Based upon these existing conditions, we decided to evaluate different tests that could provide necessary microbiological information to the ophthalmologists and then select the best one for implementation in a nationwide ON prophylaxis program. Our initial attempt was to use the simplest available diagnostic tool, standard staining of conjunctival swabs by Giemsa and Gram stains [12]. However, this provided little useful information regarding the active ON agent(s). Following this, we attempted to use multiplex polymerase chain reaction (PCR) of maternal endocervical and neonatal conjunctival specimens for microorganism identification. The PCR assay has been previously validated with conjunctival and endocervical samples collected from this study (manuscript accepted). In brief, we demonstrated that this technique could be used to identify the three major microorganisms, for example, CT, NG, and Mycoplasma genitalium (MG), involved in sexually transmitted infections (STIs). This was successful not only in endocervical samples, but also in conjunctival smears, where it never had been used. Therefore, our recommendation for Angola’s health authorities was to provide this kind of microbiological identification technique. The primary purpose of this work was to analyze the efficacy, limitations, and obstacles of 2.5% P-I eyedrops for the prophylaxis of ON in Angola. These data are intended to provide the local health authorities with enough information to develop a national prophylactic campaign against ON based on the routine use of P-I eyedrops for every newborn. A secondary objective was to provide additional data on the etiological agents both in conjunctival smears from newborns and in endocervical samples from their mothers and the possible relationship of these agents with clinical risk factors.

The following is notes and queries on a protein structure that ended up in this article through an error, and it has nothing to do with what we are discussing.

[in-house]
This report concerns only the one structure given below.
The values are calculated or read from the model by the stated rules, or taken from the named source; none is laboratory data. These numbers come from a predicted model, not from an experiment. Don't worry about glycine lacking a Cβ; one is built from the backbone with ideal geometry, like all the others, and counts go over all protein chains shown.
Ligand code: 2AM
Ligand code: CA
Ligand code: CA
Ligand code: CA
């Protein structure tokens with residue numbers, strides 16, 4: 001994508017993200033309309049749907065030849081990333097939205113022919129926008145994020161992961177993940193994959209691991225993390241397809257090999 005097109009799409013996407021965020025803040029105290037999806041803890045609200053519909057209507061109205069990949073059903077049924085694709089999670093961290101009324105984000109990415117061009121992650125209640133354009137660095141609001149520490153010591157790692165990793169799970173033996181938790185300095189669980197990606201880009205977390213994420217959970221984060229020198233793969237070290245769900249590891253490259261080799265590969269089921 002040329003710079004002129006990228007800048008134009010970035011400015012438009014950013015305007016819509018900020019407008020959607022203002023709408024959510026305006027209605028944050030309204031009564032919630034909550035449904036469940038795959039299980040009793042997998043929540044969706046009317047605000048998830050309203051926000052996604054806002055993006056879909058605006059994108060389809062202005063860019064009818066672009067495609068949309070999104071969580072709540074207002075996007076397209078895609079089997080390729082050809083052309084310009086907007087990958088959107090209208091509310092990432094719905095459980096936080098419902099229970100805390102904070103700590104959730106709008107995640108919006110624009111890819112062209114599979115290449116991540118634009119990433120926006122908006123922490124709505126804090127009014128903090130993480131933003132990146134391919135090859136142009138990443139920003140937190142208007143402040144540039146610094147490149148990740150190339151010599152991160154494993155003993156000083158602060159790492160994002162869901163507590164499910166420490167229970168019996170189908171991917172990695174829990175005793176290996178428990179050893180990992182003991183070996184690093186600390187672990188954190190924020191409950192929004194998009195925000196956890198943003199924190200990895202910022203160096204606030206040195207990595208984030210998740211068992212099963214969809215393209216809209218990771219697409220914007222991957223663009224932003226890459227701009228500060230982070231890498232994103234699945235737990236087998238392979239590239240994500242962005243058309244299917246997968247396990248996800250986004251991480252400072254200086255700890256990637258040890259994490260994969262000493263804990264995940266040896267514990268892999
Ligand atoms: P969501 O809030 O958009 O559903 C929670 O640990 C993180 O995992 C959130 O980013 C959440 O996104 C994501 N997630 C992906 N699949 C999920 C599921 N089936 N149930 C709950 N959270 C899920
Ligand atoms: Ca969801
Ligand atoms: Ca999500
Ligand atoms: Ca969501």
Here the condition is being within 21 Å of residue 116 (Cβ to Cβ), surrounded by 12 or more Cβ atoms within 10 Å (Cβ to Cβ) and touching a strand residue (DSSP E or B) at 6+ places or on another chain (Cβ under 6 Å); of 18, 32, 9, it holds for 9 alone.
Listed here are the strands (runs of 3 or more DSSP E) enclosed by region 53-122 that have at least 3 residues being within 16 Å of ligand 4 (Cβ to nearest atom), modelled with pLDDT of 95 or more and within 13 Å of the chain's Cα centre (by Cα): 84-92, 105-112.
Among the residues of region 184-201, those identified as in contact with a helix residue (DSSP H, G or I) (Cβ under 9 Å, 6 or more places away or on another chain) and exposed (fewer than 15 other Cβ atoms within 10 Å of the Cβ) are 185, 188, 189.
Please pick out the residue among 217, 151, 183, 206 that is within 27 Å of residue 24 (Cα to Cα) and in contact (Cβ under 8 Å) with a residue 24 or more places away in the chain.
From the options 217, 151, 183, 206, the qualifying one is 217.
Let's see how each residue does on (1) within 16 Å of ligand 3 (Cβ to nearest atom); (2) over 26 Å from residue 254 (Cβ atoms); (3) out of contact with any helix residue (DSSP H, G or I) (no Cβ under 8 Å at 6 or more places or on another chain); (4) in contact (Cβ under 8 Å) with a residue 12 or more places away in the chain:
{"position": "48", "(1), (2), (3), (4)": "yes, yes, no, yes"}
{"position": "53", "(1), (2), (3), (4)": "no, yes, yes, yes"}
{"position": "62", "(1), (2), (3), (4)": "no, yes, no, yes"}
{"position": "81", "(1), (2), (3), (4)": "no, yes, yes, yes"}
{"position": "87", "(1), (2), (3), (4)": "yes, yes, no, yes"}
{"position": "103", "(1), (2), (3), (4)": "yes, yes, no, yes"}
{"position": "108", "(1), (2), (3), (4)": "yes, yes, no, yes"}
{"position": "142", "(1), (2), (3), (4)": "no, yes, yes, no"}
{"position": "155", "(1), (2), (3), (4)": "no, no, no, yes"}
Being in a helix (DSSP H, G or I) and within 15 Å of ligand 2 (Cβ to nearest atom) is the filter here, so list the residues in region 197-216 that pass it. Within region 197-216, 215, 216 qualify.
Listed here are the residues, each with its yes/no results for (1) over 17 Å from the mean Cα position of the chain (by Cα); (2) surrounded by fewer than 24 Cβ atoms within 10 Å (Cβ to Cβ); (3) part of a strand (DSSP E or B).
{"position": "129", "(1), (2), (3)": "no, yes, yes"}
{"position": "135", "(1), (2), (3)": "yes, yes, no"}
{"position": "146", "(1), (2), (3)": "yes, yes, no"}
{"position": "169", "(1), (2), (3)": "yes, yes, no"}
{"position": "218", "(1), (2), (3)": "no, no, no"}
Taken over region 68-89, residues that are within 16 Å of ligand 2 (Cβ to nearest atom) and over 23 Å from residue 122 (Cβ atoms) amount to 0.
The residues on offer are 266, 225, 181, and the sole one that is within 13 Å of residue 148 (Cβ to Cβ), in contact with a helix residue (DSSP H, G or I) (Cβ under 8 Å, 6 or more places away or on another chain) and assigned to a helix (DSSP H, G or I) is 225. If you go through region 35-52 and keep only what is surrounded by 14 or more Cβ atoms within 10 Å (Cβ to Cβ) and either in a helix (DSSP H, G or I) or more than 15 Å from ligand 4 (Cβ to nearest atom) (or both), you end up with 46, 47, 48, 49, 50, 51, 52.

2. Material and Methods

An interventional, randomized, and prospective study with a blinded, randomized control group was designed. The study was conducted at the General Augusto N’Gangula Specialized Hospital (HGEAG) and the Health Center of Samba (CSS), both in Luanda, Angola. Approval was provided by the Ethical Commission of the Faculty of Medicine of the Agostinho Neto University (Luanda, Angola). After the explanation of the objectives and methodology of the investigation, informed consent was obtained from the mothers. The study was performed in accordance with the ethical standards from the 1964 Declaration of Helsinki and its later amendments.

2.1. Patients